FOUNTAIN VALLEY, Calif. -- Usually with a car, the more you pay, the more you get.
The launch of Google’s Android Auto and Apple’s CarPlay infotainment interfaces could upend that rule by giving cars from brands such as Chevrolet, Honda and Hyundai a better computer interface than most luxury cars have.
Last week I had the chance to drive a 2015 Hyundai Sonata with the production-ready version of Android Auto, which lets a driver tap into a smartphone for music, maps and phone calls. I found that the system is better for most everyday tasks -- more powerful, easier to use and less distracting -- than basically anything you’ll find in a luxury car today.
Android Auto works with smartphones that use the latest version of Google’s Android operating system. To start it, you connect the phone to the USB port in the car and press the Android Auto logo on the car’s navigation screen. That pulls up a row of buttons along the bottom of the screen for music, phone calls and maps, plus a home page that shows directions to the locations of upcoming appointments and a weather report for the driver’s current location.
Superior voice command
What’s most impressive is the ability to do almost all of this with voice controls. Having driven countless vehicles in which the voice recognition is so unreliable as to be useless, I can say that Android Auto beats every in-car system I’ve used at understanding natural speech.
Here’s an example: I had an upcoming flight out of John Wayne Airport in Santa Ana, Calif., so I pressed the “talk” button on the steering wheel and gave Android Auto a command: “Take me to John Wayne Airport.” It quickly pulled up a route. I pushed the button again. “I want a different route.” It gave me three options, and could be rerouted with a single press of a button. In some $80,000 luxury sedans, it would take several minutes and dozens of button presses to do the same thing.
If you ask Android Auto to take you to a destination with multiple possible locations, like a supermarket, the system will give you a choice of the nearest three. You can set a reminder based on a location; the next time you approach that supermarket in your car, it will prompt you to pick up some milk.
Playing music is just as simple. I gave Android Auto a tough challenge, asking for a somewhat obscure Bob Dylan tune. “Play ‘One More Cup of Coffee,’” I said, and the song played with no further prompting, piped through the Sonata’s speakers via the Google Play streaming music service. If you ask for another service, such as Spotify or traditional radio, it can do that too.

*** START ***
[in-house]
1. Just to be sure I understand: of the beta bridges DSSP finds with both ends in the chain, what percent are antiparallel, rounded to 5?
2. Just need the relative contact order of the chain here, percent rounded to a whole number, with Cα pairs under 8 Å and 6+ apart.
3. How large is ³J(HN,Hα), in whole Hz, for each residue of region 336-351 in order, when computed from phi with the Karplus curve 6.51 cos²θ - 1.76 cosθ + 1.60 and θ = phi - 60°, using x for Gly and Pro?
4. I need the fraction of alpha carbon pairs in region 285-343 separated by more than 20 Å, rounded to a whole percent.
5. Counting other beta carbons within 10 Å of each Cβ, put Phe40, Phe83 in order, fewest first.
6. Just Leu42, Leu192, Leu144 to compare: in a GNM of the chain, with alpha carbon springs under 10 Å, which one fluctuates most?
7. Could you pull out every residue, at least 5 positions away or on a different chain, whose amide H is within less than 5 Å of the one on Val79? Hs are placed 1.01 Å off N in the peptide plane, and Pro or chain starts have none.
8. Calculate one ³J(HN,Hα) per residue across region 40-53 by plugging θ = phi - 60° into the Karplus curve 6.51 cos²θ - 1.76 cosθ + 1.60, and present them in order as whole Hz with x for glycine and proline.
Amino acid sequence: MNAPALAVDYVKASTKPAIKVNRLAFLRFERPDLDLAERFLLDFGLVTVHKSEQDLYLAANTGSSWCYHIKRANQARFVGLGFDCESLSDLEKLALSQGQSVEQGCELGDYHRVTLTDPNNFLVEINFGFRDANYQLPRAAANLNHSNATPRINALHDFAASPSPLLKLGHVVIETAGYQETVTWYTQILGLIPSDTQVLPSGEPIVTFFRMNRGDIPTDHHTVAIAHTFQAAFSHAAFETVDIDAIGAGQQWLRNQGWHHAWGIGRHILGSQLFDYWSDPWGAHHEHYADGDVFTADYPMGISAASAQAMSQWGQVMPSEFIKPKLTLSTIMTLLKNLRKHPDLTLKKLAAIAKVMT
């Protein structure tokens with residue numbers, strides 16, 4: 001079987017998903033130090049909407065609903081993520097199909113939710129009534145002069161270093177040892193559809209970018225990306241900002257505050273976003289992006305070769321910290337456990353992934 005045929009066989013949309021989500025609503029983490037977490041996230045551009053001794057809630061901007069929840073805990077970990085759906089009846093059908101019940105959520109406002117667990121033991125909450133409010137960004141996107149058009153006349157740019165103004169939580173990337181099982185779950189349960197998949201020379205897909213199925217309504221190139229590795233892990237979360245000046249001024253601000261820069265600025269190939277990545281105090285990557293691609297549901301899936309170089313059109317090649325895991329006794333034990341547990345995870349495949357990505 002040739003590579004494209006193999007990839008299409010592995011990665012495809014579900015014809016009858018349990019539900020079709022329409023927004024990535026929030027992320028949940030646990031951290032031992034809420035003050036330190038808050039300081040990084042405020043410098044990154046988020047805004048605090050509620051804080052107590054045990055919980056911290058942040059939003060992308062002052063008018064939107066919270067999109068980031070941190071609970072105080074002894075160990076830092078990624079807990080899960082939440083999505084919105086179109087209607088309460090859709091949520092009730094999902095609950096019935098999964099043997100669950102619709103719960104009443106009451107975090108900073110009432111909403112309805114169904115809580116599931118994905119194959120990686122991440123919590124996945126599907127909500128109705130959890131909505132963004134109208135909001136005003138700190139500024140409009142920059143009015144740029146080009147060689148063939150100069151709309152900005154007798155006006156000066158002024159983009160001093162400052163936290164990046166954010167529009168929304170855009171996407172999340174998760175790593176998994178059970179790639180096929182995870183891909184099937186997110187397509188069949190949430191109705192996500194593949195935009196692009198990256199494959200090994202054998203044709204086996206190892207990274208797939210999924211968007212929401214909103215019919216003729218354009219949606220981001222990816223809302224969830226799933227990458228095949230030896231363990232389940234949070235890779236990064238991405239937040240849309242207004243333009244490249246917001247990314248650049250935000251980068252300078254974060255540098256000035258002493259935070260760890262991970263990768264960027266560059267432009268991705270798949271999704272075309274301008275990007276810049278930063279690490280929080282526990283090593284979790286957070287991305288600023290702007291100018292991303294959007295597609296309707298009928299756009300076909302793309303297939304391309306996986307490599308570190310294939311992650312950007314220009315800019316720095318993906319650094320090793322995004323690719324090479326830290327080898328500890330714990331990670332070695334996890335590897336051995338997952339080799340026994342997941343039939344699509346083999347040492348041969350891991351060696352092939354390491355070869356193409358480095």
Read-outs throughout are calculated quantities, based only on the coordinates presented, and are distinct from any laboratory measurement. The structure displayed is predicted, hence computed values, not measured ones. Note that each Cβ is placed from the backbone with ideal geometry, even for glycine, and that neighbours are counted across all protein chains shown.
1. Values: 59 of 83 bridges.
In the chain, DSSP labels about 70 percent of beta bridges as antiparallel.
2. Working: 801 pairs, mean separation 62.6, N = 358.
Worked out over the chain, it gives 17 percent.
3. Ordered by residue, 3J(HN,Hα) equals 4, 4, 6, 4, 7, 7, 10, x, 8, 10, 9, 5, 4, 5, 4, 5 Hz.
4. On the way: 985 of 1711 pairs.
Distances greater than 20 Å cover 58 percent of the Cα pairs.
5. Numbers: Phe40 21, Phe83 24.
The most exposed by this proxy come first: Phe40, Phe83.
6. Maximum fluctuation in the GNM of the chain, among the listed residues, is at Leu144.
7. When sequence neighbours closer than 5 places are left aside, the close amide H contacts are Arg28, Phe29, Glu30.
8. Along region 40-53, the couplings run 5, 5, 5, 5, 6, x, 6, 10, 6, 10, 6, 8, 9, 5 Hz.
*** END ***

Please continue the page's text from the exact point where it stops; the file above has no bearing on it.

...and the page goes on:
Like getting a V-8
After testing dozens of high-priced systems that can’t easily handle these tasks, I feel that getting such functionality in a humble Sonata is like getting a V-8 for the price of a four-cylinder, or leather seats for the price of beige cloth.
Unless automakers hustle, the systems offered in luxury cars and high-end trim levels could soon feel terribly dated. These systems are a key profit center, sold in bundles that can cost $2,000 or more. Will customers pay that kind of money once they’ve gotten a taste of Apple’s and Google’s interfaces?
Android Auto isn’t perfect. Because it taps into a mobile device, it won’t work as well when cellular service is spotty. Heavy use of maps and streaming music could also burn through a monthly data plan unless a driver is judicious.
Automakers also must give up some control of their vehicles, which isn’t easy to accept.
Hyundai has tried for years to get Americans to rhyme its name with “Sunday,” so it’s easier to pronounce. But apparently Google hasn’t gotten the memo. I pushed the voice button on the Sonata’s steering wheel and asked for directions to the nearest Hyundai dealership.
The car’s speakers spit back a sound that would make a Hyundai executive cringe: “HEE’-yuhn-day.”
That wouldn’t happen if Hyundai were calling the shots. But if Android Auto gives the company a way to one-up luxury cars with a humble family sedan, it’s a sacrifice Hyundai is surely willing to make.